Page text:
Hamish Pritchard awarded Innovation in Meteorology Prize

Originally posted on the website of the British Antarctic Survey on 05/10/2023

British Antarctic Survey glaciologist Hamish Pritchard has won the 2023 Harry Otten Prize for Innovation in Meteorology. His idea, Lakes as snowfall sensors: solving the precipitation problem in the mountain cryosphere, proposes that lakes can be used as pressure-sensing surfaces to produce accurate observations of the water content of snowfall – simply, cheaply, autonomously, and over large areas.

With standard water-pressure sensors submerged on a lakebed, the mass of winter snow precipitation as it reaches the lake surface can be recorded, while avoiding biases that appear with other instruments that interact with snow as it falls or accumulates.

Hamish explained the importance of understanding changes to mountain glaciers: “For hundreds of millions of people, snow is a really important source of fresh water. When winter snow melts each year, the water allows crops to be grown through the spring and summer in the plains below. But snow is right on the frontline of climate change, so this water supply is changing fast and is under threat. To plan for these changes we need good climate models that get snowfall right, and for that, we need snowfall measurements that are more accurate and cover much larger areas than we currently have. This new lake method provides such measurements.”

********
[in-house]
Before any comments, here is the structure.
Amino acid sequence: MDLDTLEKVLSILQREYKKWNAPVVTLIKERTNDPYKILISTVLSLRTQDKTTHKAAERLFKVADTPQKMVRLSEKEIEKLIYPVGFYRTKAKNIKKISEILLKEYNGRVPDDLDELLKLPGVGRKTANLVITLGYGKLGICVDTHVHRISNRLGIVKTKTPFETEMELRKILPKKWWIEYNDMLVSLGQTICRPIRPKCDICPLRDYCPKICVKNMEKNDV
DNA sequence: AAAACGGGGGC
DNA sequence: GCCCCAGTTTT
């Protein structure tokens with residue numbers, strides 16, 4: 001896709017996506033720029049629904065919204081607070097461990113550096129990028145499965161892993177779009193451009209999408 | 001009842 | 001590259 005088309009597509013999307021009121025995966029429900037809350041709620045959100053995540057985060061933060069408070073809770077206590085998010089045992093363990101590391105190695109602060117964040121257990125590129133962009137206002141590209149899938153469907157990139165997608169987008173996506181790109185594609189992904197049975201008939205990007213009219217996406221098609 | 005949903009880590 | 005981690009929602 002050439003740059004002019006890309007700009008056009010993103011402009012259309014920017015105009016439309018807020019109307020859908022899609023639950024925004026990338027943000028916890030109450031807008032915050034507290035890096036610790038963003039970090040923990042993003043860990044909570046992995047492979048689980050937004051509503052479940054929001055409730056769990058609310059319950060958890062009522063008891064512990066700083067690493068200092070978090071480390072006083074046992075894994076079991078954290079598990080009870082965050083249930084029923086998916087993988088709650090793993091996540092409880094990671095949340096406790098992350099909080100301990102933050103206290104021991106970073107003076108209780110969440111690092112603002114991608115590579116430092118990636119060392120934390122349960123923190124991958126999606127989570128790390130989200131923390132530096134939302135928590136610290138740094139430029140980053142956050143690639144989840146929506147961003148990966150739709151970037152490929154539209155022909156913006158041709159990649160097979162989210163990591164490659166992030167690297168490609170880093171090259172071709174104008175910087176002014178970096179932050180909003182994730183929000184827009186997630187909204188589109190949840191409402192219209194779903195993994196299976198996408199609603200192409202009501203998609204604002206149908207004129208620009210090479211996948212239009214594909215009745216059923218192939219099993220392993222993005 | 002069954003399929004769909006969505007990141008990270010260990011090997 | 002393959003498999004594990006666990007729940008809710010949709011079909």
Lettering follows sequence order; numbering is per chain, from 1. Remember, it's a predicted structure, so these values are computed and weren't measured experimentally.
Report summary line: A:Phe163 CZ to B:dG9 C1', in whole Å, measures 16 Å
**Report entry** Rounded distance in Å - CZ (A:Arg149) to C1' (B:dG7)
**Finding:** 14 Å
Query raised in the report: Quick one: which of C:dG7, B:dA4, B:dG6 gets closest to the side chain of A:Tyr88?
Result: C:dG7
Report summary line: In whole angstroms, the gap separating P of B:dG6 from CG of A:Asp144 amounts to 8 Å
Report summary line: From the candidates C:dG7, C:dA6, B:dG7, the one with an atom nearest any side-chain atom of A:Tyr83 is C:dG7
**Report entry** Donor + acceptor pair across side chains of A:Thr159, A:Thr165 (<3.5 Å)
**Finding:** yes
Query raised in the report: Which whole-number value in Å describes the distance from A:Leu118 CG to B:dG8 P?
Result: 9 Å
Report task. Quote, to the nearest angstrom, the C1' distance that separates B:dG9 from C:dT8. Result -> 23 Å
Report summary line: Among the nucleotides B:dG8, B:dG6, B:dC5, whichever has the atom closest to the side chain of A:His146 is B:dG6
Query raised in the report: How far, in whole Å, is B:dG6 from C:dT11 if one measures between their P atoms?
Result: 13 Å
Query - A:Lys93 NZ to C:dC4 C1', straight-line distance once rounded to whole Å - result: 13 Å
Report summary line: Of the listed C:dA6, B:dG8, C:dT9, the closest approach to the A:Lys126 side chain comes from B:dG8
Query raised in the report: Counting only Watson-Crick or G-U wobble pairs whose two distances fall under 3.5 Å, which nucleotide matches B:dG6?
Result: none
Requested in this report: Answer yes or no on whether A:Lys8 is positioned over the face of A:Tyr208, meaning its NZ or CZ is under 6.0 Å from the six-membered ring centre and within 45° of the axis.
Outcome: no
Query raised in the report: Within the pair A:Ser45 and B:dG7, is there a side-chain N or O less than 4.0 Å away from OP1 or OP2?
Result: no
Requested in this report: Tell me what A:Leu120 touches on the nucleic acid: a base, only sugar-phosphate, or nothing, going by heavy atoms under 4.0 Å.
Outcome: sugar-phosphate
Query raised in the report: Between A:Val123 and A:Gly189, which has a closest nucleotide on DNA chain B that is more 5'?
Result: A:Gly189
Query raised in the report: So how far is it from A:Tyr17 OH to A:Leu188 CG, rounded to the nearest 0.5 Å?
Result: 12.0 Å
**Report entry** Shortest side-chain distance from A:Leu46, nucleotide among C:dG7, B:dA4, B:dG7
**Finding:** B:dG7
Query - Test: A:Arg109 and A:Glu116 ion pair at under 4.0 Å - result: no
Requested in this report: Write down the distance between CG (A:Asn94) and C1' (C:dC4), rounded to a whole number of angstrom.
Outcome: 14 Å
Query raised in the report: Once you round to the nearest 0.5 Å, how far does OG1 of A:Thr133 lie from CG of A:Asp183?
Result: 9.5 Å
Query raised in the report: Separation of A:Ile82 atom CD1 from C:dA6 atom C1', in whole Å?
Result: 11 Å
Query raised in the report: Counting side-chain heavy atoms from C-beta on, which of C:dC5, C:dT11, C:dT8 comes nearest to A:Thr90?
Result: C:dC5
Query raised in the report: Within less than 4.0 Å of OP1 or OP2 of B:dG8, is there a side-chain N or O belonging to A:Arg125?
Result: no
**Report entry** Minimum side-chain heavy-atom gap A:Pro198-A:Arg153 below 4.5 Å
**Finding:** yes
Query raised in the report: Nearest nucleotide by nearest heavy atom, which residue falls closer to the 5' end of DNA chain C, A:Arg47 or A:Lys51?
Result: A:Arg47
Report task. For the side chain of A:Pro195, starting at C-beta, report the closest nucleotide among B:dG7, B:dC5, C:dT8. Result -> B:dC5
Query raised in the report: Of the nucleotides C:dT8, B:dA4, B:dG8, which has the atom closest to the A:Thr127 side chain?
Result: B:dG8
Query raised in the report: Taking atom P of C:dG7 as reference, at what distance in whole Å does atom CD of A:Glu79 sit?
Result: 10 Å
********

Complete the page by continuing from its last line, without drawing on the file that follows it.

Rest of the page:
The jury awarded the first prize of €25,000 during the Annual Meeting of the European Meteorological Society in Bratislava.

Hamish Pritchard, pictured on field work in the Himalayas (British Antarctic Survey)

Pam Emch, Chair of the Board of the Harry Otten Foundation, commented: “The idea put forward by Hamish Pritchard can help cost effectively address and improve the quantification of precipitation that falls as snow. An improvement in this measurement has applicability not only in meteorology, but also in water resources planning and management and could potentially be utilized for remote sensing instrumentation/observation calibration/validation.”

The jury received 18 applications for the prize with lead authors from at least 14 different countries in Europe, Africa, Australia, and the U.S.A. The Harry Otten Prize is awarded every two years.